To learn more about children and anxiety, go to my recommended resources page by clicking here.
Friday, October 31, 2008
Anxious Children: What Treatment is Best?
The New England Journal of Medicine has recently published a large research study looking at what treatment works best for children with anxiety disorders, medication or cognitive behavioral treatment. This study has been described in detail by Lindsey Tanner of the Associated Press. Sertraline (Zoloft), a selective_serotonin_reuptake_inhibitor, and cognitive behavioral therapy were found to be equally effective on their own. However, when a combination of sertraline and therapy were used together, the reduction of symptoms of anxiety in the children was much greater. The implications of this study are that a combination of medical and psychological treatment is the most effective treatment for children who have struggled with significant anxiety that has affected their day-to-day functioning and relationships with other people.
This study is quite significant and will no doubt increase the use of SSRIs with children. Insurance companies and national associations will use these results to promote the use of medication as the crucial component of helping children cope with anxiety. Even though cognitive behavioral treatment is just as effective as medication on its own, taking a pill is much quicker and more cost-effective to administer. Many parents will chose to take the "quick fix" approach and ignore that these children actually need to learn life-skills as well.
I strongly encourage parents to deeply self-reflect before giving their anxious child a pill. Before you jump to medicating your child, be sure that the anxiety is not just a situational feeling. We all become anxious from time to time. Many times, this anxiety goes away when the situation changes. Also, be sure that you are teaching some of the basics of cognitive behavioral therapy (e.g., relaxation, reinterpreting events). We all have to learn to overcome our fears through lots of hard work. In order for children to become strong adults, it is a wonderful skill to how to manage fears through positive self-talk, brief relaxation (i.e., deep breathing, visualizing a safe place), and persistence. If we give too much power to medication, our children will be less inclined to learn the success principles that are so important in life.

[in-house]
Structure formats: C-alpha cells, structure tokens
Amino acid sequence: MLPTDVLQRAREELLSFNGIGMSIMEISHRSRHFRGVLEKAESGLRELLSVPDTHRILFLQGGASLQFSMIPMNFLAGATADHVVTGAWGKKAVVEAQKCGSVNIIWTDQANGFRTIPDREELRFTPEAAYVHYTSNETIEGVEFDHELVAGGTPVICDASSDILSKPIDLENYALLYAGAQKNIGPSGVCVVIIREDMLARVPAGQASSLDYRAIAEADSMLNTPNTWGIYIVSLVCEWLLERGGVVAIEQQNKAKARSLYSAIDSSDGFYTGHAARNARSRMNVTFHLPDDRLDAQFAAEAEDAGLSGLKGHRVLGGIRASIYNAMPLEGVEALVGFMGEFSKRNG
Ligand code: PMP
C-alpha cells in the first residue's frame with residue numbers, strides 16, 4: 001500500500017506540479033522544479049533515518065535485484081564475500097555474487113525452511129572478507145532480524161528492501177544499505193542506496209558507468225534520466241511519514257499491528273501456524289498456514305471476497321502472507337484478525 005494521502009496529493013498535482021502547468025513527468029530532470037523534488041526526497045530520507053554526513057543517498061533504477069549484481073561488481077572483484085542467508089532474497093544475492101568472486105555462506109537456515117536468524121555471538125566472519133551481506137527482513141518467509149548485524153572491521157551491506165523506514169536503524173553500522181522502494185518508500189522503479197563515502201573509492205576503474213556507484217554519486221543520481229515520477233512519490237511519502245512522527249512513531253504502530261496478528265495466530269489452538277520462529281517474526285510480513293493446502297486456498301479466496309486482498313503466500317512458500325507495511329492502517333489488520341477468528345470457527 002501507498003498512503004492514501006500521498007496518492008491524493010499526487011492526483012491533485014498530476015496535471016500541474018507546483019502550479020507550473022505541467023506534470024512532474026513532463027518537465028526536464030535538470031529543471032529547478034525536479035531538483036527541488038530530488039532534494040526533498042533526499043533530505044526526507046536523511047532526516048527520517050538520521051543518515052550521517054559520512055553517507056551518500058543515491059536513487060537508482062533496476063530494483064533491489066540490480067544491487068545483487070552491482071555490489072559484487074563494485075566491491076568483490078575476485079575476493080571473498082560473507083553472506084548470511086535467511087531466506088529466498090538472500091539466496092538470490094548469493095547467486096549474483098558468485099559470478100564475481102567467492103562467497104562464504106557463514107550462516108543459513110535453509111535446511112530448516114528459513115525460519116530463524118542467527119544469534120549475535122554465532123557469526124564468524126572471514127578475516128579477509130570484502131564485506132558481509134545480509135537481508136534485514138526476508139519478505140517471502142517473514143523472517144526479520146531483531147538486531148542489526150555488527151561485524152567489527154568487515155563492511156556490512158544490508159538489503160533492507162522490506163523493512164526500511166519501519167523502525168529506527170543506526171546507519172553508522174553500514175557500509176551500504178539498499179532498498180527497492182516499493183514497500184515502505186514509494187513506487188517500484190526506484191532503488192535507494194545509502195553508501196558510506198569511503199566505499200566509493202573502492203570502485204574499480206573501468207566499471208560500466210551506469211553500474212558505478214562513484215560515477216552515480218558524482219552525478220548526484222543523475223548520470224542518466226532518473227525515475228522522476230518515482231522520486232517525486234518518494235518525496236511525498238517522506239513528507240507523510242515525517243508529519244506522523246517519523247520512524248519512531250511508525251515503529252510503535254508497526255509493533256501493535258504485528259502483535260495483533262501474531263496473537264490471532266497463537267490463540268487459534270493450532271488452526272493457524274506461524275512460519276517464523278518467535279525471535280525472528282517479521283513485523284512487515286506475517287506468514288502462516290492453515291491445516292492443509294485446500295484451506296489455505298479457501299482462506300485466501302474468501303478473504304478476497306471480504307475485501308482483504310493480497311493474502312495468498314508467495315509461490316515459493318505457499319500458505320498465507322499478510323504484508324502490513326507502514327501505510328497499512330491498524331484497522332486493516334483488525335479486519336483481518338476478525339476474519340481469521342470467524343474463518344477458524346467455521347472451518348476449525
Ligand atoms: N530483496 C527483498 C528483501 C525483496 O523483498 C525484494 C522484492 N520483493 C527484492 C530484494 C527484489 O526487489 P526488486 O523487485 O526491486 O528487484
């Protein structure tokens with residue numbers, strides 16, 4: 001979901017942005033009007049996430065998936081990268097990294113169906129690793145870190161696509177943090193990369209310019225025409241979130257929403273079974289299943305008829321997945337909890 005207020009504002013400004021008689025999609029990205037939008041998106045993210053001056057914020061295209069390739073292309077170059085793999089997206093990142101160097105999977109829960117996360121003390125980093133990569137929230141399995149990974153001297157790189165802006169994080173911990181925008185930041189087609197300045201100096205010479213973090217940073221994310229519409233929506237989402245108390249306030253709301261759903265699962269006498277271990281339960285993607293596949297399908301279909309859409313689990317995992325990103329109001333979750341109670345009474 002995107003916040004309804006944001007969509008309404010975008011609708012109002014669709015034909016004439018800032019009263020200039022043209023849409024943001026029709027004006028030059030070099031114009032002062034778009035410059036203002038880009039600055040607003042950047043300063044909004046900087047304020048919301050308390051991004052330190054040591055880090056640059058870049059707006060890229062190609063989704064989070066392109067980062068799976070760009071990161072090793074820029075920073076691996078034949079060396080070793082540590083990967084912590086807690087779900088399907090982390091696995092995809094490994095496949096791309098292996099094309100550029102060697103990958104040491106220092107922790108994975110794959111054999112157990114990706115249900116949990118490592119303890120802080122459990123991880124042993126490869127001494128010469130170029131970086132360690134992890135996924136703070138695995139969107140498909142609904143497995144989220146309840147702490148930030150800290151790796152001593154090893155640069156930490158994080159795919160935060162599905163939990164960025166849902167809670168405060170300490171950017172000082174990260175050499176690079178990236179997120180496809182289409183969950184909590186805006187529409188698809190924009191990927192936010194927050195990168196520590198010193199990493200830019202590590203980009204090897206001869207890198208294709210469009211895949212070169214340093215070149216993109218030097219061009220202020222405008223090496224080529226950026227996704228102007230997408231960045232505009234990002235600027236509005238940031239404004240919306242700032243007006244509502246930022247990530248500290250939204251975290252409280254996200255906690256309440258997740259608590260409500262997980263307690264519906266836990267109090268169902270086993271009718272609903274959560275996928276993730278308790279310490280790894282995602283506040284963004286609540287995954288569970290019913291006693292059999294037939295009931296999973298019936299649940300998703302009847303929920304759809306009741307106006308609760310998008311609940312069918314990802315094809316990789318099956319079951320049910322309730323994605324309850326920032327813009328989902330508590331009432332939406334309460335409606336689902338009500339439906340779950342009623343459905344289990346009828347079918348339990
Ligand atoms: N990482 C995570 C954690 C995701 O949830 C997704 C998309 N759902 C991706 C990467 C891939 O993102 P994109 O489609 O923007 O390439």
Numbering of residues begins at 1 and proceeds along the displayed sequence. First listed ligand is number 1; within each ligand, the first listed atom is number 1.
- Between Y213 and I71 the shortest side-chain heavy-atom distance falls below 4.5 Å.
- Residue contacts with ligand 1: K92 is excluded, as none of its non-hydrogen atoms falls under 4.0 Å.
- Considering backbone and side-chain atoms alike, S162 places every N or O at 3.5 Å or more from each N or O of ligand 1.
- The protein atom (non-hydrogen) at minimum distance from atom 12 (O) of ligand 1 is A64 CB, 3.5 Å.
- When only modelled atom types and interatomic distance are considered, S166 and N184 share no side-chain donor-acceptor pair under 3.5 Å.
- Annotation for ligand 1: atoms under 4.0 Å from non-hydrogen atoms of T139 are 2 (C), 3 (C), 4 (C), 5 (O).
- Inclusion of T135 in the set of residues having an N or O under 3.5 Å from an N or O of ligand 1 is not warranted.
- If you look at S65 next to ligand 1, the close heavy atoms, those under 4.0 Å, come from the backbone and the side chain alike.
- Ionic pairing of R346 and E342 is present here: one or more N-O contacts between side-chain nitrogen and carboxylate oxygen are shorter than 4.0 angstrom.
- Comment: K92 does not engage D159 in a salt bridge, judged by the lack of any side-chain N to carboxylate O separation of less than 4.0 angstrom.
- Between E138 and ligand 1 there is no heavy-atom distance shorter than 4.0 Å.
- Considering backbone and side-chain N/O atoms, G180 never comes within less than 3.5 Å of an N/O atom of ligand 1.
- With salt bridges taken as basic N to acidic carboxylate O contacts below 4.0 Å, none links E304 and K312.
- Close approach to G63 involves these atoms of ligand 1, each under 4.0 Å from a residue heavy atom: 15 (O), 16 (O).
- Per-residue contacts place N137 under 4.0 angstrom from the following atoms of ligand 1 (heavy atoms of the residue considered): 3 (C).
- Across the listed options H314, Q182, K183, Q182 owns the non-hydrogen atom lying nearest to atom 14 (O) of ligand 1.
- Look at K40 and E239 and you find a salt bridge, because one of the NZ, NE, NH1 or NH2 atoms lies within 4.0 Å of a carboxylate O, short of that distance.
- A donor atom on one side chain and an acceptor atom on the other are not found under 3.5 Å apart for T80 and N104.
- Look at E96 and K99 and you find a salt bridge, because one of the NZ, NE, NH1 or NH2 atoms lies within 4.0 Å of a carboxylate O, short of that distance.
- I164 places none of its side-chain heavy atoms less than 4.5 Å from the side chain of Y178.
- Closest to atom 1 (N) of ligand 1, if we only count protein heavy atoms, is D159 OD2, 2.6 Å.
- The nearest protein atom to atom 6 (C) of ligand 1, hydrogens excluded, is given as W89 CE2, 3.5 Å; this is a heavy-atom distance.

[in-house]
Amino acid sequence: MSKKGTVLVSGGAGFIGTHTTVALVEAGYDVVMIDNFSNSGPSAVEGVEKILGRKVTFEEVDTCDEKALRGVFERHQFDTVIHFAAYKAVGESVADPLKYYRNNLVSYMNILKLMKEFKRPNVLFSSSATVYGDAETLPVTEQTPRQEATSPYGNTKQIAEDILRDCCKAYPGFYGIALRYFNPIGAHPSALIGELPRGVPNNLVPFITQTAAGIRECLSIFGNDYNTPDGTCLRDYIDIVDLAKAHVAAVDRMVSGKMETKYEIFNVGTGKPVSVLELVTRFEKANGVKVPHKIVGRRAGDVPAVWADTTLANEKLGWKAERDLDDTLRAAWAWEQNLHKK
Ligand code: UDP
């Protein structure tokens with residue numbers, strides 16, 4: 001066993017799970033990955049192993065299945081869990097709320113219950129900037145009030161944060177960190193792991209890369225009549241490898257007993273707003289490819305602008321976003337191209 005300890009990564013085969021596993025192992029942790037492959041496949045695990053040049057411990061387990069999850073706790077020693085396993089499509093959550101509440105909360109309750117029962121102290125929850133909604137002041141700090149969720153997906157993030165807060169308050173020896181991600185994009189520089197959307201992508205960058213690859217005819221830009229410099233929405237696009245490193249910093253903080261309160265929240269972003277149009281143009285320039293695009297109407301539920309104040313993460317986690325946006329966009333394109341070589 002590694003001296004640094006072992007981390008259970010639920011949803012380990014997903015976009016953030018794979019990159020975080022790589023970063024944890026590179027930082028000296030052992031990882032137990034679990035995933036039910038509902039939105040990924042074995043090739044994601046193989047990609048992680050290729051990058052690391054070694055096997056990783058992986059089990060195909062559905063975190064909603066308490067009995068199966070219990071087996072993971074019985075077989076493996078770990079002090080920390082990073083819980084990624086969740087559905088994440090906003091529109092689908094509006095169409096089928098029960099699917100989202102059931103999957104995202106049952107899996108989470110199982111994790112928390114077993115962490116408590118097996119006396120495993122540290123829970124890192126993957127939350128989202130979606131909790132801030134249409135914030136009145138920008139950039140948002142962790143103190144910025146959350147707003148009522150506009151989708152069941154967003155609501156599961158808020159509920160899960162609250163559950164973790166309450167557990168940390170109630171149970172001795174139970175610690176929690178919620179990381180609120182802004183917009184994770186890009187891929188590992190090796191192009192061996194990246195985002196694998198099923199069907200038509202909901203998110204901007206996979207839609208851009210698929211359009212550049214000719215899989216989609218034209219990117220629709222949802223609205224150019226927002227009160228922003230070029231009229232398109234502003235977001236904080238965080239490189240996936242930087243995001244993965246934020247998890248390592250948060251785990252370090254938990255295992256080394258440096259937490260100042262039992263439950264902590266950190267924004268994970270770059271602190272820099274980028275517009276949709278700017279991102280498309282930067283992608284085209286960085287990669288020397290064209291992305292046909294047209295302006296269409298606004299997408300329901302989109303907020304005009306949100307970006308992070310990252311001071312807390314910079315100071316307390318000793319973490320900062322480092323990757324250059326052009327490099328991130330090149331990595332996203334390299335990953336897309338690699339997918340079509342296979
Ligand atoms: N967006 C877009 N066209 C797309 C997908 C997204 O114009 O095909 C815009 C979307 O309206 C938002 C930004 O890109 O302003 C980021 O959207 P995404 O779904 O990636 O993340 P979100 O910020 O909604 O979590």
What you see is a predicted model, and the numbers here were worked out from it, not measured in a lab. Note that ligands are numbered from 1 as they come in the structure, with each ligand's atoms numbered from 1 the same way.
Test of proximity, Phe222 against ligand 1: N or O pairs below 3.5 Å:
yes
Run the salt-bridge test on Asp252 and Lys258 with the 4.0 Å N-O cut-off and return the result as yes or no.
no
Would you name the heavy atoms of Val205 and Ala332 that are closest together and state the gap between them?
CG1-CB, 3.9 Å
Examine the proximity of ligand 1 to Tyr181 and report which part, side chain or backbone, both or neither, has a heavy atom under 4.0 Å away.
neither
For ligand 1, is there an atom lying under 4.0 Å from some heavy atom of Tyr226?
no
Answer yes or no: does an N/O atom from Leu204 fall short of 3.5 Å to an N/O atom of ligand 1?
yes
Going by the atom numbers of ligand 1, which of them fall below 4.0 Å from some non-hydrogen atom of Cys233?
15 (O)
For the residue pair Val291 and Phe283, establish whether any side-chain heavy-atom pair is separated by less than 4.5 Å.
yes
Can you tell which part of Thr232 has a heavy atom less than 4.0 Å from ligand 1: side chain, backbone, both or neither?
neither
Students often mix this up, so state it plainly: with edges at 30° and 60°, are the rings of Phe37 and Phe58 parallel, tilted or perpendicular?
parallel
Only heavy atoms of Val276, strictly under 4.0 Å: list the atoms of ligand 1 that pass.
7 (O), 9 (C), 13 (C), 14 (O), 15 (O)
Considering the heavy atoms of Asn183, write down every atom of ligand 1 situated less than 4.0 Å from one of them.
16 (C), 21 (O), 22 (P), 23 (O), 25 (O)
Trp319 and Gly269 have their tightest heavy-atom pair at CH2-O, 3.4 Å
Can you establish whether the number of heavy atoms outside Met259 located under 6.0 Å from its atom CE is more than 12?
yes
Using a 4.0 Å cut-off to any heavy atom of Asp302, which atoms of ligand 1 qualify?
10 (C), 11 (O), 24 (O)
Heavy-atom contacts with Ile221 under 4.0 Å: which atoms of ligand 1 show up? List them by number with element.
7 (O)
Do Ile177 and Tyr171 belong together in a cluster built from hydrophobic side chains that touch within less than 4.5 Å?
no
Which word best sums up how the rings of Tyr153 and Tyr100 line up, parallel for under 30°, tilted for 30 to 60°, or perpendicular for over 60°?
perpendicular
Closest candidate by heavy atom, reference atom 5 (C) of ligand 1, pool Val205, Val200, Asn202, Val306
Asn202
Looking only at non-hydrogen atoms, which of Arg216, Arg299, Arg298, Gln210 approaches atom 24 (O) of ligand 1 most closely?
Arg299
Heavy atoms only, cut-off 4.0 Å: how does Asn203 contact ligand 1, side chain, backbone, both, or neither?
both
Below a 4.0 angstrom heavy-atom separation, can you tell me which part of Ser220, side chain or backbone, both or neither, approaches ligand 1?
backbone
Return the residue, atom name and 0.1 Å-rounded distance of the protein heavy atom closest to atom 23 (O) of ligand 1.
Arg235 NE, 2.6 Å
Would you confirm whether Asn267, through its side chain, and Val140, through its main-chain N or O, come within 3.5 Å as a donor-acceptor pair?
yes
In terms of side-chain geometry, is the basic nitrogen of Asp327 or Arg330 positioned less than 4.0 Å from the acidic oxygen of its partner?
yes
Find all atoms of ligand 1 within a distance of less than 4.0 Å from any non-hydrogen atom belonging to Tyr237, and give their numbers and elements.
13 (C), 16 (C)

Of course there are times when medication is indicated (e.g., persistent symptoms of anxiety over time that are greatly affecting performance and relationships) and the decision to medicate is a personal one made on case-by-case basis. However, even if medication is utilized, the children on medication still need to be taught how to effectively overcome the challenges that they will face throughout their lifetime. The medication may "cut the edge" off the symptoms of anxiety which could help the child be more able to learn. The medication will not teach such skills as assertion, prioritization of life's goals, and reinterpreting stressful events (e.g., calling someone up on the phone, entering a group of people) as "no big deal." The more that children are taught how to manage fears and stressors, the better off they will be.